Photo: Nigel Cox
The Knowledge Clutterer
Walsh's Three-Step Plan
1. Go digital whenever possible.
While nothing can replace a beloved, well-worn novel, "We have an entire library at our disposal nowadays via the Internet," says Walsh. "It's not necessary to own hard copies of everything." In other words, those guilty-pleasure page-turners, celebrity memoirs, and how-to books you'll read only once can live on your e-reader. And when you come across an interesting article online, e-mail yourself the URL and store these e-mails in folders labeled "interesting articles" or "weeknight dinner recipe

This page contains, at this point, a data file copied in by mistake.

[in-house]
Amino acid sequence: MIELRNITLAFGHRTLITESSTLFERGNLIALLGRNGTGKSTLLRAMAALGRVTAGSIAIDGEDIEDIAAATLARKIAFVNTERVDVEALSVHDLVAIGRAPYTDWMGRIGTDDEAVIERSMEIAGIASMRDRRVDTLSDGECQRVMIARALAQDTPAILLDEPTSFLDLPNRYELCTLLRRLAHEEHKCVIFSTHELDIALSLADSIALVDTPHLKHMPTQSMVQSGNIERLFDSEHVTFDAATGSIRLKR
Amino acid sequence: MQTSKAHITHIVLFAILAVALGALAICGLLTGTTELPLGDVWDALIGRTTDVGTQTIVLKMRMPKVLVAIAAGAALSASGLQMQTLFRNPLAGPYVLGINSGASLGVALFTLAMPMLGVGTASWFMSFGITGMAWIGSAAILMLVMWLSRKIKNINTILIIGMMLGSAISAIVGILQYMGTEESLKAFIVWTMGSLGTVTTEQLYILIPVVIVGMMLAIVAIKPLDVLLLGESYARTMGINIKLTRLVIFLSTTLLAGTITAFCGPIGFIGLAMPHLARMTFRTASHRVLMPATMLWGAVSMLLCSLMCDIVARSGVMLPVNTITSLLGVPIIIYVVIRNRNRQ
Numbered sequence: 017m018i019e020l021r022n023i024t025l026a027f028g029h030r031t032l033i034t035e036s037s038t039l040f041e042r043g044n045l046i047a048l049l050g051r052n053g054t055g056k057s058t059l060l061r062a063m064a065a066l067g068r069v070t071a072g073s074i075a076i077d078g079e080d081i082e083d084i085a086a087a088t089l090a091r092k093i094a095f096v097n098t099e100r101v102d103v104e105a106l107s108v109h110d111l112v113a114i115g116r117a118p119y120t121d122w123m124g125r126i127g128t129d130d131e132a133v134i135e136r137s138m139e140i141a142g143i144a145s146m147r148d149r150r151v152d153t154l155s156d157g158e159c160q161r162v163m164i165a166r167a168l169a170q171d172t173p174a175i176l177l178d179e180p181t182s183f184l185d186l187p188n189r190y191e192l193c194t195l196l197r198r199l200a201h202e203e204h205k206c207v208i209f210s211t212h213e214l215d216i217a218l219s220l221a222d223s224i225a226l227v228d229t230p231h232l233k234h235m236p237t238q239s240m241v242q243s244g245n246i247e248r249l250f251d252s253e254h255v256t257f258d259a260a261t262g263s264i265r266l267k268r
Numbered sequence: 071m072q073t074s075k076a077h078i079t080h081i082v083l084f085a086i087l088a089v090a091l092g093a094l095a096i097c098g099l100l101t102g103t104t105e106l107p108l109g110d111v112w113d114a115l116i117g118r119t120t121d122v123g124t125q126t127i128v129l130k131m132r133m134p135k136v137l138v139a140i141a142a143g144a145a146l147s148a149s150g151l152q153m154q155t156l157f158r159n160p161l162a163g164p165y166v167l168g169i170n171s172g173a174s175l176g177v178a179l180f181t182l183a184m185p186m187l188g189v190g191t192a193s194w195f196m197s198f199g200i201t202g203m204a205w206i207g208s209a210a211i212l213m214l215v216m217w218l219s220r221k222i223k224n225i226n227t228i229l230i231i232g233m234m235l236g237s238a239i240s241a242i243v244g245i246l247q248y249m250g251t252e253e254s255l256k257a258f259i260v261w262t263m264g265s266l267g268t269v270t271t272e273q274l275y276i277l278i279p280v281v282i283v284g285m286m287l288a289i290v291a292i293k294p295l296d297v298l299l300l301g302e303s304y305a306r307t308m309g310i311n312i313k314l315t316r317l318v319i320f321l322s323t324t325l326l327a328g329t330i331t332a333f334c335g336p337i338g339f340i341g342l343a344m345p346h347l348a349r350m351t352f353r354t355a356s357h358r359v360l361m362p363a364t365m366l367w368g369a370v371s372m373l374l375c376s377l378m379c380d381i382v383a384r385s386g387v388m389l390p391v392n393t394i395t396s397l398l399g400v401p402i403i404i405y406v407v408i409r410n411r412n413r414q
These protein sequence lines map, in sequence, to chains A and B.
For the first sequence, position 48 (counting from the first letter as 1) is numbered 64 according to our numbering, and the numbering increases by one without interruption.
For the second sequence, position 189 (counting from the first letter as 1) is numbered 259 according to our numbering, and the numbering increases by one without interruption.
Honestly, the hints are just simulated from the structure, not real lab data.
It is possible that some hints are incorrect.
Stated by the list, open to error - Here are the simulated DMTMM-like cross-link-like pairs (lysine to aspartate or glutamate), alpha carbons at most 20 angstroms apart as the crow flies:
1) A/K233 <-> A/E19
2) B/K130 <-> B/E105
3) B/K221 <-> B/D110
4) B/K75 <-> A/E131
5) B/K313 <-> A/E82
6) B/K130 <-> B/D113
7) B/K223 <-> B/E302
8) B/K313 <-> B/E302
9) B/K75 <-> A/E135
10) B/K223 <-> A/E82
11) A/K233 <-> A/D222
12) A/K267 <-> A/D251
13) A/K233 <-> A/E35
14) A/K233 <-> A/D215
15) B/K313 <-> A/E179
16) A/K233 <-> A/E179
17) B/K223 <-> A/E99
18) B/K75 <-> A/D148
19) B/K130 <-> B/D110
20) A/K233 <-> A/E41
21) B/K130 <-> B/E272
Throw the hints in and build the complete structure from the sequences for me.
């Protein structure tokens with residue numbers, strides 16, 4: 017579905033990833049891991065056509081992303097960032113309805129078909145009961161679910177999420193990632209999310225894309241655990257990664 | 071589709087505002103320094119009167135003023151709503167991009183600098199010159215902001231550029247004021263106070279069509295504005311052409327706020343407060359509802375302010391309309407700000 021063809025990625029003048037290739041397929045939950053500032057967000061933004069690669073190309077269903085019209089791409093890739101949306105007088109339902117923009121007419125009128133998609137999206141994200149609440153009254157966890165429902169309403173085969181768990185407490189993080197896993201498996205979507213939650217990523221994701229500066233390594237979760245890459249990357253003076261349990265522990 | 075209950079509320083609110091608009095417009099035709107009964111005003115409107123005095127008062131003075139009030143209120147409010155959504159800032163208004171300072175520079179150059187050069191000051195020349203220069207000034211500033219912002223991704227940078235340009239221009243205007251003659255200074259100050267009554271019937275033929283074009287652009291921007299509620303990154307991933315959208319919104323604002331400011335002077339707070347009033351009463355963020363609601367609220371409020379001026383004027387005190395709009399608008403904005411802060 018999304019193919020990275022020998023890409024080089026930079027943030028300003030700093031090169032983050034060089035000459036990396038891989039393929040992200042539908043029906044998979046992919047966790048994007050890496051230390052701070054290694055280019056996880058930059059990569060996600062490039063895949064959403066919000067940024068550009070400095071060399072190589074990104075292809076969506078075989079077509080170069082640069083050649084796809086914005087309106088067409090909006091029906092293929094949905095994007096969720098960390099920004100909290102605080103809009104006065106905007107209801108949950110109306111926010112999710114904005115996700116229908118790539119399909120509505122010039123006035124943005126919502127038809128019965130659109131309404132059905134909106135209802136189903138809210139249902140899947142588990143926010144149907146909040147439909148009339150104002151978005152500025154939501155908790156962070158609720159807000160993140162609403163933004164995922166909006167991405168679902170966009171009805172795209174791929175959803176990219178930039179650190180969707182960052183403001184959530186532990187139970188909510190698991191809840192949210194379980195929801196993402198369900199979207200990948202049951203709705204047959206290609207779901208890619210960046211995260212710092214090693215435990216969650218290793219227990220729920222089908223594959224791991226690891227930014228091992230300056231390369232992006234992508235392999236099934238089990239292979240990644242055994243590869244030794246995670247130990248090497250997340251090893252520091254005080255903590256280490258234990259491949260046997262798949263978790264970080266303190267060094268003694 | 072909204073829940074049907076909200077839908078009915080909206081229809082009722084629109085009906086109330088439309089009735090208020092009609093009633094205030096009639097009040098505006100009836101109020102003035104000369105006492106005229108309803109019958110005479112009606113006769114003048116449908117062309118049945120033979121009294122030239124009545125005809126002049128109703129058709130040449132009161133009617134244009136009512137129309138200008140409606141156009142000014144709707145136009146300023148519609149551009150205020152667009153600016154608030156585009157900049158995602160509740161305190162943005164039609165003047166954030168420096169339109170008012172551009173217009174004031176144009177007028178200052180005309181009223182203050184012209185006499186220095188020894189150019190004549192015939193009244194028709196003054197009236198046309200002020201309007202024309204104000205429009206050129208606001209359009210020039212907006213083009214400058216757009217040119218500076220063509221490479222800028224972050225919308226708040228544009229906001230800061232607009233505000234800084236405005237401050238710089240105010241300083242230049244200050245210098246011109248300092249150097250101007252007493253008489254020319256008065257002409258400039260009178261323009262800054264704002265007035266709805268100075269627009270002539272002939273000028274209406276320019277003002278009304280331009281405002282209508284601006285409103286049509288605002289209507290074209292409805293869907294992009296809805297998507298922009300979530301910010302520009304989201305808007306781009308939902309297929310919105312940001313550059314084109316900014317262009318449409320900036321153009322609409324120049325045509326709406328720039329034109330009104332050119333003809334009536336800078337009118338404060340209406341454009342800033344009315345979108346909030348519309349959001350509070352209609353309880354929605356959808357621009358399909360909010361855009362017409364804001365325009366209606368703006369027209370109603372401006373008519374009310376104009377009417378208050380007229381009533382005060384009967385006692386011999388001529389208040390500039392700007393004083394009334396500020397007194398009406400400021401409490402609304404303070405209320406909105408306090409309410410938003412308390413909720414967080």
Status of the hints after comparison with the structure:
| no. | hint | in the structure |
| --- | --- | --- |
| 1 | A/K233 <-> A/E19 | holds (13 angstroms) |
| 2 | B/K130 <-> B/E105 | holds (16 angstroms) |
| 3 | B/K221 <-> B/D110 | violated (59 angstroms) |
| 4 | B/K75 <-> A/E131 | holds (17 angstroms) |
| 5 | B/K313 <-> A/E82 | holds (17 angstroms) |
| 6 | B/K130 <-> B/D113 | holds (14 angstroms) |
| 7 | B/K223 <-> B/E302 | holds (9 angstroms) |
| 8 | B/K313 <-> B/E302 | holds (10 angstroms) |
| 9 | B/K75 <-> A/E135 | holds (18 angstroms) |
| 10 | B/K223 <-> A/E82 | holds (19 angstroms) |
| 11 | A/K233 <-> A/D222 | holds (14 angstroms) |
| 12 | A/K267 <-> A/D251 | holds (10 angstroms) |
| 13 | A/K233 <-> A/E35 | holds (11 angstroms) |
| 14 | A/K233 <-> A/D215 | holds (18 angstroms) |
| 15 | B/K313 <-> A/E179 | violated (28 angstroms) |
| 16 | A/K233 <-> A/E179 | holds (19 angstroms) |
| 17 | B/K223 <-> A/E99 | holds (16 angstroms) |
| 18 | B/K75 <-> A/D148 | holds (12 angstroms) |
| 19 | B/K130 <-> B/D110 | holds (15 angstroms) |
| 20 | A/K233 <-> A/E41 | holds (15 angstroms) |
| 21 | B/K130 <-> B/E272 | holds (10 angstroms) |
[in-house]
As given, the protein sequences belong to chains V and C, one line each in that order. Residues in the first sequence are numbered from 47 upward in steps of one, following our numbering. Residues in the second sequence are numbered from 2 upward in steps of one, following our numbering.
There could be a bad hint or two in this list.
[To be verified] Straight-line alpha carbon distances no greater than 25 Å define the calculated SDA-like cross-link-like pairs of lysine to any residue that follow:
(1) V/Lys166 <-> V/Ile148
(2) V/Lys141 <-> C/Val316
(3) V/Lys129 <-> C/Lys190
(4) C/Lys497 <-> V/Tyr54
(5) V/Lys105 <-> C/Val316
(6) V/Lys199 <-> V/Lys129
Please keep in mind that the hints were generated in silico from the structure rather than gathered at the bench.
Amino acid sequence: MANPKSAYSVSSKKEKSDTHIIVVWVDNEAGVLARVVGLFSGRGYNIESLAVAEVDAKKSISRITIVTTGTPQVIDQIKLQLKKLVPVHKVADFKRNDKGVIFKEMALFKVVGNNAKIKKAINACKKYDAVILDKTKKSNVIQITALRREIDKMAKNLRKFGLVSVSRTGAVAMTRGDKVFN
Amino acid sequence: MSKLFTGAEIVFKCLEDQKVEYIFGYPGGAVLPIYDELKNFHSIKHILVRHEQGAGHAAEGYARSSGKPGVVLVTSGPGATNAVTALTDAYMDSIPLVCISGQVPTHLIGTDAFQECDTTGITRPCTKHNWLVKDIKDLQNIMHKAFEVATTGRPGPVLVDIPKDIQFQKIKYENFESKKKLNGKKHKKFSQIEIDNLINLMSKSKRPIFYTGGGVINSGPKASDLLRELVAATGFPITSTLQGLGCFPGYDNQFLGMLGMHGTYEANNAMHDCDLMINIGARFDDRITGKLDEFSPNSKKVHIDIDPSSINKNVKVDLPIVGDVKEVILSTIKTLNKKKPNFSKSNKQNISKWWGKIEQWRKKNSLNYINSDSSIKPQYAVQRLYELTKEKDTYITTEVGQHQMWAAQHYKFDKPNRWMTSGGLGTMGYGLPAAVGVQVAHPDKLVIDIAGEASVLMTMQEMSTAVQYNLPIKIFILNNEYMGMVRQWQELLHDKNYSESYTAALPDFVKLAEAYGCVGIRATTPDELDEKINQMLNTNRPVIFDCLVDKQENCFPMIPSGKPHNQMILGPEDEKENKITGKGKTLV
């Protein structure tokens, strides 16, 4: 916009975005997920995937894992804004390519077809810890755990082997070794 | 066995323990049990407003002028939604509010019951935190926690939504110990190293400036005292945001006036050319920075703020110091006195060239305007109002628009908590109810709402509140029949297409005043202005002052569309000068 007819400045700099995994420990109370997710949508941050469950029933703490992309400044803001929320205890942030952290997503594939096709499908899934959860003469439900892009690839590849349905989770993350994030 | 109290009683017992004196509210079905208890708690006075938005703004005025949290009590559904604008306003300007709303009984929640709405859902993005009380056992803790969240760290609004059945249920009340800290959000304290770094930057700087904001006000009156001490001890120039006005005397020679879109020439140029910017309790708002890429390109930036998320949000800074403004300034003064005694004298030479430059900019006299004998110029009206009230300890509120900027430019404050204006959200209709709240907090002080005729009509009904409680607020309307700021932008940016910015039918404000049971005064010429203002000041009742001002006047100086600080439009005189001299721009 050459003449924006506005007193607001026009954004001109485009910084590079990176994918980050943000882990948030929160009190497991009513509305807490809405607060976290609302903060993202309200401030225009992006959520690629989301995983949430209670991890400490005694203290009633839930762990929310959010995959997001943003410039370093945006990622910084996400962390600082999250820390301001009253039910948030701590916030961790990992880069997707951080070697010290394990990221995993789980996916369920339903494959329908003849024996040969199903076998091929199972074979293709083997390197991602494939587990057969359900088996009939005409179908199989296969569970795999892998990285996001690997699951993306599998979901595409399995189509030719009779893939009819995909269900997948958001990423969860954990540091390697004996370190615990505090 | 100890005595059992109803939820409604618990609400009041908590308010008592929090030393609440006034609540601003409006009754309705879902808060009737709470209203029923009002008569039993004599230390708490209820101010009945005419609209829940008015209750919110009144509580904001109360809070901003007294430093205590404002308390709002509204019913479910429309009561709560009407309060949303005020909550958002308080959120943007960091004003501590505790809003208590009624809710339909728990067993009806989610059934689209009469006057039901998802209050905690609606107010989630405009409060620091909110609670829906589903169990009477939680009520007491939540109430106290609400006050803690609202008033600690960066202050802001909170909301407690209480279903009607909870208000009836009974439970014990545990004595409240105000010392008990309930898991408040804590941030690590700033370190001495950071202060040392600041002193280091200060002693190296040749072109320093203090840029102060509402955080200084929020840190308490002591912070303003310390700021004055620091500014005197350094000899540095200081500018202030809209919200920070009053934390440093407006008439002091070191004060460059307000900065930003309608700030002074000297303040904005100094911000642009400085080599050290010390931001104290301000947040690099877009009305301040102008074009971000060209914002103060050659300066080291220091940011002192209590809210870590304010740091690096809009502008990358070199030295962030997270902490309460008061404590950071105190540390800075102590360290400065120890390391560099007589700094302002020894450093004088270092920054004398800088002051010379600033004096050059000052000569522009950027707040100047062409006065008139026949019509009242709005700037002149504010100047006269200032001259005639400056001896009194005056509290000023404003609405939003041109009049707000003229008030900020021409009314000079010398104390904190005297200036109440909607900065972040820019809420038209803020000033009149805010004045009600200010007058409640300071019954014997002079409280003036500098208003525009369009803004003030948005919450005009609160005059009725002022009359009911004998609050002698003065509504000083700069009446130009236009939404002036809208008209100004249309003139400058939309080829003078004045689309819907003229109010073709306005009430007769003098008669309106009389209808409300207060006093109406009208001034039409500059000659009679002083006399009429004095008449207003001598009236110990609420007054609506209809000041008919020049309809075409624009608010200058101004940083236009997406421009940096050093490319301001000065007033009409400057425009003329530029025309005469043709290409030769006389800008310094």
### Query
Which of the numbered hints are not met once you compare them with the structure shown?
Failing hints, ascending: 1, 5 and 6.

2. Manage magazines.
Certain issues (of O, for example!) you'll just want to hold on to forever. But if your living room is blanketed with weeklies dating to 2007, consider implementing a system: Keep the current issue and two back issues. As new titles arrive, donate the old ones to a local hospital. And remember: "The definition of a periodical is that there is always another one coming," Walsh says.
3. Establish clear limits.
Walsh suggests designating a clearly defined area for your book and magazine collection, whether that means one shelf or six. "What matters is that when you've filled the allotted area, you donate an old title to make room for any new ones," he explains. To prevent your nightstand from being swallowed by half-read paperbacks, try a bin or basket large enough to contain only three or four books; to add another, you must remove one first.
Next: The techie clutterer
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